The late actor and comedian managed to leave in awe even the most seasoned reporters+ READ ARTICLE
Robin Williams, who died on Aug. 11 at 63, was not the kind of guy you simply interviewed. He was the kind of guy with whom you lit a fuse and then stood clear. Our chat in 2011 was in anticipation of his first appearance on Broadway in a serious play, but the conversation quickly spilled over into unchartered territory.
My first impression of him was that he was one impressively hairy human. Sitting there in the makeup chair (for a portrait and video of him that TIME ran with the story), I noticed that he was covered with a wild, manly mane, over all his body like the overgrowth in his film Jumanji. He joked about how his chest hair was so thick it actually poked through the fabric of the shirt he was wearing.
As we sat down to talk, he noticed that the battery cover on my tape recorder was missing. He started talking very slowly at first, and then very fast — imitating the warp effect when you try to play back a recording when the batteries are dying or loose. Through my terrified laughter, I begged him to stop, worried about the panic it would unleash in whoever landed transcription duty.
From that point on, it was like an off-road trip into comedy wilderness without seat belts.
Williams was widely known and loved for his outsize comedic roles, like the Genie in Aladdin and the dad turned Mrs. Doubtfire. He was almost as widely mocked for overly earnest roles in Jakob the Liar or Patch Adams. Sometimes he landed the manic-depressive balance just right — Dead Poets Society, Good Will Hunting — and those were among his most critically acclaimed roles. But in person, he was a mixture of both these extremes: heartfelt and off-the-wall. One moment he’d be going off on a riff about the chintziness of the abandoned official residences he saw while doing USO tours in Iraq — “Colombian drug lords would be like, ‘This stuff is so tacky!'” — and the next he’d be talking about how worried he was for the mental health of returning veterans.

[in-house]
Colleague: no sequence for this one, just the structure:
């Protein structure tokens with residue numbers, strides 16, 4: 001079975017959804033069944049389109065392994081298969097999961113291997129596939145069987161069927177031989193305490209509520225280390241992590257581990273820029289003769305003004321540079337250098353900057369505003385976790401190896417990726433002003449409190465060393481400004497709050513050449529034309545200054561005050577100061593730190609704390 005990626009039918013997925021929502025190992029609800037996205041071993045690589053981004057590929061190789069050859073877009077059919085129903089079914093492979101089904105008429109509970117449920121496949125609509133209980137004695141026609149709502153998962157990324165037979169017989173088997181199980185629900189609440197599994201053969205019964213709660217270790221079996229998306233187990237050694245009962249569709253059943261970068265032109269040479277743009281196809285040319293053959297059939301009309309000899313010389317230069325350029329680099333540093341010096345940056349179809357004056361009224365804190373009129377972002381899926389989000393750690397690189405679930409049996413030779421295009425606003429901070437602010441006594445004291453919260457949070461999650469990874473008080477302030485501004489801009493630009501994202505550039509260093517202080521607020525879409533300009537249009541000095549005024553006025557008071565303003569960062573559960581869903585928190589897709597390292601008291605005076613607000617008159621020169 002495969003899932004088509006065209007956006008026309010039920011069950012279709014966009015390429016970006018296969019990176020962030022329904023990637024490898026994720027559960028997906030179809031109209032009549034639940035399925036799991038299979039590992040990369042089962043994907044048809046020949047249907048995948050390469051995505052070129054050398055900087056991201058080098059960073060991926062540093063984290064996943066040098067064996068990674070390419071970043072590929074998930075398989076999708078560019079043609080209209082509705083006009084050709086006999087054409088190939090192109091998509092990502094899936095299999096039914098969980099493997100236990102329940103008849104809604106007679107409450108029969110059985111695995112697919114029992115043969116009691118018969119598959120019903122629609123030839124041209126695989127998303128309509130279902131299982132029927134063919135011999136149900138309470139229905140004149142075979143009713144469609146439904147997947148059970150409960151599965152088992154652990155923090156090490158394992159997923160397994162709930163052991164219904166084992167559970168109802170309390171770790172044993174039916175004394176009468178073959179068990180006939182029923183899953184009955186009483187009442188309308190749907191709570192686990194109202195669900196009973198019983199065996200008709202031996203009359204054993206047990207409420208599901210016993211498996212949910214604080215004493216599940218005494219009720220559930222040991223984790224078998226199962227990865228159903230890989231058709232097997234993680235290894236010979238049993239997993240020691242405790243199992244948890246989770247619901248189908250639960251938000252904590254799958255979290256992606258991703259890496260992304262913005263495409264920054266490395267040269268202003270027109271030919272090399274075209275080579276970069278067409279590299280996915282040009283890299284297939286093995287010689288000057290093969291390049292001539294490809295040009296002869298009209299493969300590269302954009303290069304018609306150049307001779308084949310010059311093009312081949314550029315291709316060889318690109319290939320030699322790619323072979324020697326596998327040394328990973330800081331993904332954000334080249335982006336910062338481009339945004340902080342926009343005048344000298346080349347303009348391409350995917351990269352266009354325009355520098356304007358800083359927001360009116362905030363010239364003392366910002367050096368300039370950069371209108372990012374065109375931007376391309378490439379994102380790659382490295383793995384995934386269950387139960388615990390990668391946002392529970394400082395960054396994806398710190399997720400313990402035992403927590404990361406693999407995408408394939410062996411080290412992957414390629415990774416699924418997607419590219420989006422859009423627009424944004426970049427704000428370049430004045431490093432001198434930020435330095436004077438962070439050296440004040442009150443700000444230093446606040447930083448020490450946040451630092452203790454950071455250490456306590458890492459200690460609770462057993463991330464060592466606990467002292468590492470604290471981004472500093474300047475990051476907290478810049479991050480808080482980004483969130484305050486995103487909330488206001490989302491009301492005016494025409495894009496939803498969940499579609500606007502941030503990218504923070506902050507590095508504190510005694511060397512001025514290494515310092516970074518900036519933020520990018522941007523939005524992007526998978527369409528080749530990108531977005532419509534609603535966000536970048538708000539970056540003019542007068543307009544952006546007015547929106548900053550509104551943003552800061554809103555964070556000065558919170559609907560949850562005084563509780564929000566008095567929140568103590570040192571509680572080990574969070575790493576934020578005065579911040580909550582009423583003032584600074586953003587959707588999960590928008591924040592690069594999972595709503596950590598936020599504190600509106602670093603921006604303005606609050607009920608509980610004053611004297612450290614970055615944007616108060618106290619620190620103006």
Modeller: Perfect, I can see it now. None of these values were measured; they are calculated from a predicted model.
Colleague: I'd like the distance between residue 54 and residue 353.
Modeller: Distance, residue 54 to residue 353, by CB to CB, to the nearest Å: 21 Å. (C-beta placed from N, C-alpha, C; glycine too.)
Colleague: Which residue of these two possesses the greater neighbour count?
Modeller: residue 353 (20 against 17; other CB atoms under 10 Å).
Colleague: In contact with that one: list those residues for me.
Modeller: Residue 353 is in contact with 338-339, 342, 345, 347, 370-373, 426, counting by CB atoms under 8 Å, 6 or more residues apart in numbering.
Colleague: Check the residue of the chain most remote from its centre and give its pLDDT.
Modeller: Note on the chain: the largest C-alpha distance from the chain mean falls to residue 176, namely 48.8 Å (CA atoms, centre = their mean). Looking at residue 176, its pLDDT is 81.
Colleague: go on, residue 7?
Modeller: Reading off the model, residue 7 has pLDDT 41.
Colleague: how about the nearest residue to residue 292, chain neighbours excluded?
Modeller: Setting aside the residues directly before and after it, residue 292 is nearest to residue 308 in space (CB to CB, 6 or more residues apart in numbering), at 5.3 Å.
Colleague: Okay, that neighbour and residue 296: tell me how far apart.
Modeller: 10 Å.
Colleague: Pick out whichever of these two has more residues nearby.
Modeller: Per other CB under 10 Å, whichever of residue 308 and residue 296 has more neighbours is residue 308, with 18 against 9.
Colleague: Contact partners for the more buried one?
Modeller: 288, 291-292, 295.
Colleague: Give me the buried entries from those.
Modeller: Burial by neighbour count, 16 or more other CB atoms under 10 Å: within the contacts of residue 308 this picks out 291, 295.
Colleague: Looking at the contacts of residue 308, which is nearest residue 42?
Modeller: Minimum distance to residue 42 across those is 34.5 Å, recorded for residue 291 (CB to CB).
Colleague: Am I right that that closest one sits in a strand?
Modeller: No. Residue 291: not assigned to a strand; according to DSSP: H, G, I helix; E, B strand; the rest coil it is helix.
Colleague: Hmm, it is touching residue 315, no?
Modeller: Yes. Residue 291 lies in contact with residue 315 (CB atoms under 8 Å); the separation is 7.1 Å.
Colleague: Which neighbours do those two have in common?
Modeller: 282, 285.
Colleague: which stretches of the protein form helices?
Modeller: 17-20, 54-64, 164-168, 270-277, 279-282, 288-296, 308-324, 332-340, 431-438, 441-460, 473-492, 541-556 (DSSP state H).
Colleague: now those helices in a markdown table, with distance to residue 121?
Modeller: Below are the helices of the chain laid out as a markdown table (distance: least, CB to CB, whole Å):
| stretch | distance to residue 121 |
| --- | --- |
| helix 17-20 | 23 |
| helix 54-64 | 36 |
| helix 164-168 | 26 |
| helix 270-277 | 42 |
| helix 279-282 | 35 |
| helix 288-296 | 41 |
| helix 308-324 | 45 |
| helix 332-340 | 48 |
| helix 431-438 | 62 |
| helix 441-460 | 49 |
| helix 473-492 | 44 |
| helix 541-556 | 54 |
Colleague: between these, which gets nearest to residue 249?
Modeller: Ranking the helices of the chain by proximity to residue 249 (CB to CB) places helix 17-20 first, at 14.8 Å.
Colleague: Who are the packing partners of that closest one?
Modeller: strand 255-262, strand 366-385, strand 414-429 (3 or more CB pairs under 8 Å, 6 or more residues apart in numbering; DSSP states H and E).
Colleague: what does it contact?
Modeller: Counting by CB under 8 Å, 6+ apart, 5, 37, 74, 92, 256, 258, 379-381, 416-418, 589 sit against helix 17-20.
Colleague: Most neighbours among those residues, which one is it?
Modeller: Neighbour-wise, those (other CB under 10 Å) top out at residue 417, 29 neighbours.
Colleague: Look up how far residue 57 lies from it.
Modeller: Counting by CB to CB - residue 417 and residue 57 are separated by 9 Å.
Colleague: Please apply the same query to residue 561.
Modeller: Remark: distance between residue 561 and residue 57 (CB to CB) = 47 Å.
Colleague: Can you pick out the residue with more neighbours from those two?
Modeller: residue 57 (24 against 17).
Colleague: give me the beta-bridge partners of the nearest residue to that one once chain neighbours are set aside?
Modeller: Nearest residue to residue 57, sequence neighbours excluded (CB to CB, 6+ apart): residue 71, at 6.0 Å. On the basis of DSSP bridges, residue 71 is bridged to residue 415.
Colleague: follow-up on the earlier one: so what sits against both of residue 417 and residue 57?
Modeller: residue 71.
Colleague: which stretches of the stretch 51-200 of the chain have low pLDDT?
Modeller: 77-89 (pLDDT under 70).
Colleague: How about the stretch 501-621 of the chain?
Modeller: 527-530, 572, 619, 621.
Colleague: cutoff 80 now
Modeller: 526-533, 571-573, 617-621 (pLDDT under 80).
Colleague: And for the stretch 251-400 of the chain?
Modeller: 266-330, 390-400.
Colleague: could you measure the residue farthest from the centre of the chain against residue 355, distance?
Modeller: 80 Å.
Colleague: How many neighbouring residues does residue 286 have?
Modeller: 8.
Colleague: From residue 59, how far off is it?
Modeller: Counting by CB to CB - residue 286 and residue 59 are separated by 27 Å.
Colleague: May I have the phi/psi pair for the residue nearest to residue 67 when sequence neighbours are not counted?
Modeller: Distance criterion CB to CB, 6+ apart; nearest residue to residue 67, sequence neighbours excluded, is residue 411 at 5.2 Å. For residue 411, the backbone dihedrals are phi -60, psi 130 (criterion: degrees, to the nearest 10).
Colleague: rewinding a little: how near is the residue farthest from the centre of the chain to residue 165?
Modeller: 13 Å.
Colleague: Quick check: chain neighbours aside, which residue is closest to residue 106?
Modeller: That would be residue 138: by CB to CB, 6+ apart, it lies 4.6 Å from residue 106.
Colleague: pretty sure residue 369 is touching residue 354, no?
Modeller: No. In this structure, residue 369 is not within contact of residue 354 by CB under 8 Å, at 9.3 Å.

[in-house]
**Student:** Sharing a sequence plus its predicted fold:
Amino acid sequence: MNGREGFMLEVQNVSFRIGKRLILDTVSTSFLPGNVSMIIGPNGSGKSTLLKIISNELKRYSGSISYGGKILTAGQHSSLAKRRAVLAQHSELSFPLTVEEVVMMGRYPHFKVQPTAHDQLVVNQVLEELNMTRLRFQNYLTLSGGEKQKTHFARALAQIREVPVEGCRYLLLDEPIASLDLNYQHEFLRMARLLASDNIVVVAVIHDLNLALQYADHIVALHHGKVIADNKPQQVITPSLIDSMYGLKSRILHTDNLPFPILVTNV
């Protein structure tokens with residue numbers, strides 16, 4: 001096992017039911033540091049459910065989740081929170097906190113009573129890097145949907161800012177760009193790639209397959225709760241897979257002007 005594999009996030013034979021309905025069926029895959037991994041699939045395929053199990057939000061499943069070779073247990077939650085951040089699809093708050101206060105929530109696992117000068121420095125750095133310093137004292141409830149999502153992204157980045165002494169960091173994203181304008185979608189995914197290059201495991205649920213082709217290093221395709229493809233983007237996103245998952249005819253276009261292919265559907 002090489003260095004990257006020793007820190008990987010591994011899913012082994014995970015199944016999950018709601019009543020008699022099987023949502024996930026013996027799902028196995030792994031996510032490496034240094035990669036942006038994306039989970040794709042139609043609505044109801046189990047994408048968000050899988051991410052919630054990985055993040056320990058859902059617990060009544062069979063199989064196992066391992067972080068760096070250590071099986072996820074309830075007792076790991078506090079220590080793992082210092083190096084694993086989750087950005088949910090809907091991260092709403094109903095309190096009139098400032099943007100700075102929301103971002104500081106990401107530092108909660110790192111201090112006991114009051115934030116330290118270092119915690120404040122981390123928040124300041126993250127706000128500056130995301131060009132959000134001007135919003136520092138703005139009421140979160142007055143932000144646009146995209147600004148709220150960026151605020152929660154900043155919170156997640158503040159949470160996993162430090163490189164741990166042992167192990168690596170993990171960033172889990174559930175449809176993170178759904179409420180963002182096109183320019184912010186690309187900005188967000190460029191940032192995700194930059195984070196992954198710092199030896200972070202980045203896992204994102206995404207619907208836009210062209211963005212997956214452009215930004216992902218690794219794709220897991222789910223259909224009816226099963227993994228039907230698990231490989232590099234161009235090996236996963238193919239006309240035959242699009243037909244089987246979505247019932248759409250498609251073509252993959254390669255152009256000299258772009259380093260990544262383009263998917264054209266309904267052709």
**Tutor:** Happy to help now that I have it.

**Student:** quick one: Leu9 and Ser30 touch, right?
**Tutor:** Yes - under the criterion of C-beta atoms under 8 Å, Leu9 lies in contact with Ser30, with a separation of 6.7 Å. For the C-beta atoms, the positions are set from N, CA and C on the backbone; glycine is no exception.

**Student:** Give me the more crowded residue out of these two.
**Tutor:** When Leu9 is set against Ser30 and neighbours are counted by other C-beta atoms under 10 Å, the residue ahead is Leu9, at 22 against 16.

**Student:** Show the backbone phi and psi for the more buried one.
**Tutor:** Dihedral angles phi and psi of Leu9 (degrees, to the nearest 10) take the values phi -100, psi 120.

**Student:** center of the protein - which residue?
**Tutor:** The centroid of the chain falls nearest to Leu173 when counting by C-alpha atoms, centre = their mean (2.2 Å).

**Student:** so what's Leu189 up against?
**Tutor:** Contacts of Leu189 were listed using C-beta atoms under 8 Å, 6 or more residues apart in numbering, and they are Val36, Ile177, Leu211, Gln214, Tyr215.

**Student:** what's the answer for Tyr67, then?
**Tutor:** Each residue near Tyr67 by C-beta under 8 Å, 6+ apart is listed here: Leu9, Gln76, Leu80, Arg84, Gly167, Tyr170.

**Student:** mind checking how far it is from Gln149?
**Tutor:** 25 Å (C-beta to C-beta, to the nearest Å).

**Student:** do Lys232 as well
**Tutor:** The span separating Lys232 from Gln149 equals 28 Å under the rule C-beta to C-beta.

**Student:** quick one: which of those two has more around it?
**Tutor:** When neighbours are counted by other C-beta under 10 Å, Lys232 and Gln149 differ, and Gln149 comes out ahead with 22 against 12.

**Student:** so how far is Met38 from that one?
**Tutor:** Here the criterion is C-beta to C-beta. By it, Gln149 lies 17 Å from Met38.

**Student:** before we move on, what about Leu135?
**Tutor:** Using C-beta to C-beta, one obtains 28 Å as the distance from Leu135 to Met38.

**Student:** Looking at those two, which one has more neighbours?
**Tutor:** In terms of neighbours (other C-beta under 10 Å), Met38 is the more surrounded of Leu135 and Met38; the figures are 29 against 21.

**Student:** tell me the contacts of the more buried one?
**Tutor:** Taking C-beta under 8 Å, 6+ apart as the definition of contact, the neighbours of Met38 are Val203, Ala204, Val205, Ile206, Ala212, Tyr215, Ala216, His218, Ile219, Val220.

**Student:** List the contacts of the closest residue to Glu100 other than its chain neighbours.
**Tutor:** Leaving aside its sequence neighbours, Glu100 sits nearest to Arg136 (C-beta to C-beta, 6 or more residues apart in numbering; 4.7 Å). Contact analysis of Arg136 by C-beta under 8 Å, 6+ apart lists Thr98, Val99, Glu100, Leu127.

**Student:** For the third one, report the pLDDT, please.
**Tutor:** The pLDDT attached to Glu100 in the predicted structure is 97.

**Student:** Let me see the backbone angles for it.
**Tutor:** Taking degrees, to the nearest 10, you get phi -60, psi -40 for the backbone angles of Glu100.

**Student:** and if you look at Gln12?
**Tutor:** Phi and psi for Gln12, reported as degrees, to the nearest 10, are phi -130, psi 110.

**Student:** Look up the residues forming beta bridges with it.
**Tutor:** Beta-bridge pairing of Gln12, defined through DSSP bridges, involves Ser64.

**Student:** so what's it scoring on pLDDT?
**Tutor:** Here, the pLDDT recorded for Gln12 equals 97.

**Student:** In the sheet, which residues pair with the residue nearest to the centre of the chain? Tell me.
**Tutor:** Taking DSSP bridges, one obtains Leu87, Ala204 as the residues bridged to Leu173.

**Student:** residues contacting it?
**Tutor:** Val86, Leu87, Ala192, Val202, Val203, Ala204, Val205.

I came away from the interview in awe of his prodigious gifts — his energy and ability to throw off one dazzling comedy firework after another, each sparking off the next in a way that was so random but brilliant that you didn’t really know where to look.
But I also came away with a sense that he was a guy who had figured out how to not let it cost him too much; that he had faced down his darkness and his addictions and impulses. He had harnessed, I felt, whatever it was in him that strained at the leash, sometimes pulling him toward a manic hailstorm of comedy and sometimes somewhere just as crazy, but also scary and destructive.
I guess I was wrong.
At some point, I ran out of written questions. Either that, or we were so far off topic, I had to make them up as I went, asking such howlers as whether you could be funny when you get old. It didn’t matter how lame I felt my questions were though: he had a hilarious response to whatever query you offered up. I ultimately sat back and marveled at that chaotic comedy geyser’s full height.
Eventually, of course, he had to go and that wild ride we were on turned back into a regular old office again, drab and ordinary. Which is what the world feels like tonight.